A group of 16 students from Richton Park's Rich South High School marching band made the nearly 4,000-mile trek to the London Games for their biggest performances yet. NBC Chicago's Lauren Jiggetts reports.
Nearly 4,000 miles away from south suburban Richton Park, the stars of the Rich South High School marching band brought Chicago style and music to the Olympics.
Performing this week on a stage in London's Victoria Park was the product of a massive year-long fundraising effort for the school. There were no big-time sponsors for the trip. It was largely funded by the generosity of family members, friends and neighbors.
"It was mainly our parents that went out looking for donation of money," said student Elijah Scott Christmas. "We went to our churches, we did random performances that would help us lower the prices to get here."
Only 16 of the band's 109 members headed to London to play at four different events in London for the Bedfordshire Consortium during the Olympics.
The school raised $35,000 of the $300,000 goal to send the whole band to the Games. The $35,000 was divided between the students, and those who raised $2,500 for their individual trip could go.
It's safe to say the effort was worth the reward.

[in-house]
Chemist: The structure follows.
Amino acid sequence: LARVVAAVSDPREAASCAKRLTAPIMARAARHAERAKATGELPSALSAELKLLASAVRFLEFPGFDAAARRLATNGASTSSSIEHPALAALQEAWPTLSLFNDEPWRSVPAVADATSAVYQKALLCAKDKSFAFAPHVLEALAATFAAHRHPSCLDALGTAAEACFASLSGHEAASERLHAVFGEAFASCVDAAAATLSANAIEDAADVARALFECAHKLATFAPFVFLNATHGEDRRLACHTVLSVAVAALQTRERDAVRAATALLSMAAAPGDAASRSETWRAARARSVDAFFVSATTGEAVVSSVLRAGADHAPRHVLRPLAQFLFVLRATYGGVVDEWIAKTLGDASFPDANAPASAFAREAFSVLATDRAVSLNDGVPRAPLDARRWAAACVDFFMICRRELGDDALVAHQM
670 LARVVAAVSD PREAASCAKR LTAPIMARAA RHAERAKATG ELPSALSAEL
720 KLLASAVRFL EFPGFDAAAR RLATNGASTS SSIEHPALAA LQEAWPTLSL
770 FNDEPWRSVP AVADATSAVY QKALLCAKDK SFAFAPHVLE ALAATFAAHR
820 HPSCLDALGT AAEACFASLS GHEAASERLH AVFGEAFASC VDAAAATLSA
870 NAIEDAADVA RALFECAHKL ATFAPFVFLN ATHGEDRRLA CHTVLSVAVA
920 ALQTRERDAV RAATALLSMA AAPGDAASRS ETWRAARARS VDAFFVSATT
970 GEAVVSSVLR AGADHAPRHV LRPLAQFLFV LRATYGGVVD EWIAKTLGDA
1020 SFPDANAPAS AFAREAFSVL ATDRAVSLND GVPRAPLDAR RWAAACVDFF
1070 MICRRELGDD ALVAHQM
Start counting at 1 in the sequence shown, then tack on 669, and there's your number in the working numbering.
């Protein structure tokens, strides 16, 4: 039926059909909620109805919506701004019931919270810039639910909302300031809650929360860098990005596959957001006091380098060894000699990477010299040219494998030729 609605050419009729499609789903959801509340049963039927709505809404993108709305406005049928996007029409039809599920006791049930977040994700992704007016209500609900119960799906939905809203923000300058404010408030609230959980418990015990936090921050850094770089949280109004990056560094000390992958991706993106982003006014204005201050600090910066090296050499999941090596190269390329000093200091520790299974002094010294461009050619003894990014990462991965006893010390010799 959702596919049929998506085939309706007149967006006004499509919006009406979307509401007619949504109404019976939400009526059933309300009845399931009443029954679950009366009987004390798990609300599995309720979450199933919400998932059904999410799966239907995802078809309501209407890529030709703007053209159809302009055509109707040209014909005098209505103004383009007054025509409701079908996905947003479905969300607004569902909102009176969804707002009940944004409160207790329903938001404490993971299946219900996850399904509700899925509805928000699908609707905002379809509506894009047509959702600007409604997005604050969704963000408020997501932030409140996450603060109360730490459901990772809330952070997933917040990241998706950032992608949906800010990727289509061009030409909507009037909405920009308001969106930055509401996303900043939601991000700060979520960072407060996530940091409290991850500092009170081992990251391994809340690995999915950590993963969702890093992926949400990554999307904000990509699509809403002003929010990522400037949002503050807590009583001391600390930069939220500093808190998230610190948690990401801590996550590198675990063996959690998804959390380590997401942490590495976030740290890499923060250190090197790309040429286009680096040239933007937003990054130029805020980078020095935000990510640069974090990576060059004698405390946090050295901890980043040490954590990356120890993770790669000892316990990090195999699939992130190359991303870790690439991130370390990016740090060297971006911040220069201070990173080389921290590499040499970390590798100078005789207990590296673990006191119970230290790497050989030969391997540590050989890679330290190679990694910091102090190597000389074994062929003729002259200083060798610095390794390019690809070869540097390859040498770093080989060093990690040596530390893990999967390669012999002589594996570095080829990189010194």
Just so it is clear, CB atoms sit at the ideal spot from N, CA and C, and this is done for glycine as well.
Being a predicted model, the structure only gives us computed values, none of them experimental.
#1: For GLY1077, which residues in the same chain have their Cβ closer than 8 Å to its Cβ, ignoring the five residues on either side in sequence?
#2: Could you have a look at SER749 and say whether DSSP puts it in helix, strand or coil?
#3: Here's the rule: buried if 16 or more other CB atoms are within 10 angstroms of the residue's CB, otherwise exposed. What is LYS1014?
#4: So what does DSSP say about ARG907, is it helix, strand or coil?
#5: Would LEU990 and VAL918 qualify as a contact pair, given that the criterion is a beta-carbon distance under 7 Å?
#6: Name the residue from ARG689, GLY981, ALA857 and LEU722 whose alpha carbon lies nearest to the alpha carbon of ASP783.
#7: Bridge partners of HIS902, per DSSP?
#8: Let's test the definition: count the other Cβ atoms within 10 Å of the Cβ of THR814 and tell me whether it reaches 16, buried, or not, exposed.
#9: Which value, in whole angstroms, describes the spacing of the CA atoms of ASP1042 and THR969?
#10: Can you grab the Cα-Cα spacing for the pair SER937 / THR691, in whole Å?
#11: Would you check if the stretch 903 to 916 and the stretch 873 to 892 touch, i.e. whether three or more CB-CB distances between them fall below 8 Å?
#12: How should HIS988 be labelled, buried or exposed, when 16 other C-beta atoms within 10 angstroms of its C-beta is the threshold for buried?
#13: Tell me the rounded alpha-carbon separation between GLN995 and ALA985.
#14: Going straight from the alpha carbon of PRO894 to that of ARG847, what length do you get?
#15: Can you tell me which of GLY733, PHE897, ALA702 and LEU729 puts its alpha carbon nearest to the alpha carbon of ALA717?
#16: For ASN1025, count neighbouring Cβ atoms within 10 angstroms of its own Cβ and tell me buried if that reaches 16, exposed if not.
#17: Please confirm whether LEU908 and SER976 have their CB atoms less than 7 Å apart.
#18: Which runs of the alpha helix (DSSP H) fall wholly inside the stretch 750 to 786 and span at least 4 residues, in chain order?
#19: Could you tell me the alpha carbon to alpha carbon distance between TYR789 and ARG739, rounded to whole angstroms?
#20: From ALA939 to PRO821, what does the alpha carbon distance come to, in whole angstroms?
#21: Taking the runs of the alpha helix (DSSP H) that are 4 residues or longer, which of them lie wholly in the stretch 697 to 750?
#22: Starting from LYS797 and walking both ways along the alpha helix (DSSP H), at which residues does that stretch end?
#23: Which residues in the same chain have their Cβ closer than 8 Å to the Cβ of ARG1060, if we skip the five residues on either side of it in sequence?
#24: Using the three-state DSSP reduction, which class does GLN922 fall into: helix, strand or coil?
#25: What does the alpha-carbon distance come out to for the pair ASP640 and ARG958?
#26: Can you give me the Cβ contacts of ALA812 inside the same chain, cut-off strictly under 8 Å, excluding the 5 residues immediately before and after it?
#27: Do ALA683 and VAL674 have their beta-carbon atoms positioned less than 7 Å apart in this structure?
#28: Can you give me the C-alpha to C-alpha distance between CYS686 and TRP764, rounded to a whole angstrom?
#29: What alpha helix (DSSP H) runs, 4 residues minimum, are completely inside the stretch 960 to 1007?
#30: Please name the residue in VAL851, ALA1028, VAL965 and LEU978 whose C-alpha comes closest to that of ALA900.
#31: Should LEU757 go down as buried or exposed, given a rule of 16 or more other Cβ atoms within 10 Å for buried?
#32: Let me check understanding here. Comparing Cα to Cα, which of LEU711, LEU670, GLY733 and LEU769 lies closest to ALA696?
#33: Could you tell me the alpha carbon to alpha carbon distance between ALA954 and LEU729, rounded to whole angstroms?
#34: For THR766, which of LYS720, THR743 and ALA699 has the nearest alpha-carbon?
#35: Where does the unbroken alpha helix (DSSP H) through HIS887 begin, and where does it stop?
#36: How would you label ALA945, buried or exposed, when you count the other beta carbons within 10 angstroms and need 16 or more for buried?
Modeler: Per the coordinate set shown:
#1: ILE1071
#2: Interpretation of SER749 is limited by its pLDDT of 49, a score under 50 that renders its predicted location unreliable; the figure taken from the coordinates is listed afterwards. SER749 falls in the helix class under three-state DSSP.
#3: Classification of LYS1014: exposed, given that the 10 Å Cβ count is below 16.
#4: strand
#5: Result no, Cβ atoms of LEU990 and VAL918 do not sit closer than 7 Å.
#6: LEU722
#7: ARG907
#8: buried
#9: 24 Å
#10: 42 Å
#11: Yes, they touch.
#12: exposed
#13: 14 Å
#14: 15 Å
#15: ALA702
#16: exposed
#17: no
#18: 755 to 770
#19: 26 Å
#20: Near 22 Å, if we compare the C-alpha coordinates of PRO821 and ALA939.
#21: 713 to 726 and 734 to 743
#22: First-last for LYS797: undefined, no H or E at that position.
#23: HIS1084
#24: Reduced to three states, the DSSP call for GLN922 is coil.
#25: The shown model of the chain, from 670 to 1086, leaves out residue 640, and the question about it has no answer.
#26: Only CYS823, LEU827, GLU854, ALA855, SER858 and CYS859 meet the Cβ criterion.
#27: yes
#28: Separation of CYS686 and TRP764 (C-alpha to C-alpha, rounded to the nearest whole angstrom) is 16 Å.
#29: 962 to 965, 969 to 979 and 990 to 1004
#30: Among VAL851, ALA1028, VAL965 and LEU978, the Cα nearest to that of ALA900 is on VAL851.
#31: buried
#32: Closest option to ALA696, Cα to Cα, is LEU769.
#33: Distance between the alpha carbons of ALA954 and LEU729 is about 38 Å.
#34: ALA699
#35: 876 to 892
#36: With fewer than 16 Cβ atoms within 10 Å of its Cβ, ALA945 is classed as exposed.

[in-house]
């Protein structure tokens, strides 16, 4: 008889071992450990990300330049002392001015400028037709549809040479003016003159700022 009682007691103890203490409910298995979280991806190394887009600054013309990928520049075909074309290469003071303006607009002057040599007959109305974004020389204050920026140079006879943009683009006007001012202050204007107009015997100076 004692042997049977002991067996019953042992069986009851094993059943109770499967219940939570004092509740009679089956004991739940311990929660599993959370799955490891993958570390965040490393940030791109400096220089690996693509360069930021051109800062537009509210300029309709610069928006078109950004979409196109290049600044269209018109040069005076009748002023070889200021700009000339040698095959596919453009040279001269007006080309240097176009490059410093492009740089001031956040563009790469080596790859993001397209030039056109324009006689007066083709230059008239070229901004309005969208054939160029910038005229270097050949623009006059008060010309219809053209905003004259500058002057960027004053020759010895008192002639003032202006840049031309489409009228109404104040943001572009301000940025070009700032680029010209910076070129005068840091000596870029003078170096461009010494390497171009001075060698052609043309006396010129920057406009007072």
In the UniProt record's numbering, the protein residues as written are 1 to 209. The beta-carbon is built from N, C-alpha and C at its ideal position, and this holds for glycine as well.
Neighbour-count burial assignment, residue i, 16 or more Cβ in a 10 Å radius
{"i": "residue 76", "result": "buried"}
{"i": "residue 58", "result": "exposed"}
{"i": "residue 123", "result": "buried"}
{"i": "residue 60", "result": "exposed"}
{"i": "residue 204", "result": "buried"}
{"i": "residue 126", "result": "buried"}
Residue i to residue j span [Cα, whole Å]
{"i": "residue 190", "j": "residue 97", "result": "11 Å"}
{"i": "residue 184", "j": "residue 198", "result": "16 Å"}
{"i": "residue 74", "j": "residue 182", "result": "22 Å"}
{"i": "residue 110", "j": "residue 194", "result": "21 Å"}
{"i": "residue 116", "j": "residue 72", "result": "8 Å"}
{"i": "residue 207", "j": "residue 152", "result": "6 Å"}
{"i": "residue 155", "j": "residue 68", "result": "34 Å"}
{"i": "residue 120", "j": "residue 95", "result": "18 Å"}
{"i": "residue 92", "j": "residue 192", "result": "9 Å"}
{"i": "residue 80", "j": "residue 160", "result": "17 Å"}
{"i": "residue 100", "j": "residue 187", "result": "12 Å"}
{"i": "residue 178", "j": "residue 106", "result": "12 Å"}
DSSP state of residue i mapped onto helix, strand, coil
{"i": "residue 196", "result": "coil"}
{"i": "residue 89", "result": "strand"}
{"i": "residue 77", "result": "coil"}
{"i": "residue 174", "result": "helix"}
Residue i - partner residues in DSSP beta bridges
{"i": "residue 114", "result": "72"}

"It was like, man, this is my first time being out of the country," said student Geoffrey Watts after the Victoria Park performance. "I was beyond excited to here."
"The people were really nice," said student Kyndle Hunter. "When we came in out of nowhere in our uniforms, the people would be like, 'Who are you guys, where are you guys from?' It made the experience 10 times better just the environment I was in."
As the band played in a London downpour this week, the crowd swelled.
"It was like we brought the energy, and everybody was like, 'Yeah, I like this,'" Hunter said. "It brought a smile to my face. At attention you can’t smile, but on the inside I just felt it, I just wanted to smile so much."
Y.L. Douglas, director of the Rich South High School band said in the end it was a gold-medal experience for the marching band stars.
"These are the best kids in the world," Douglas said. "I serve the best kids in the world. They come with so much energy, so much pride."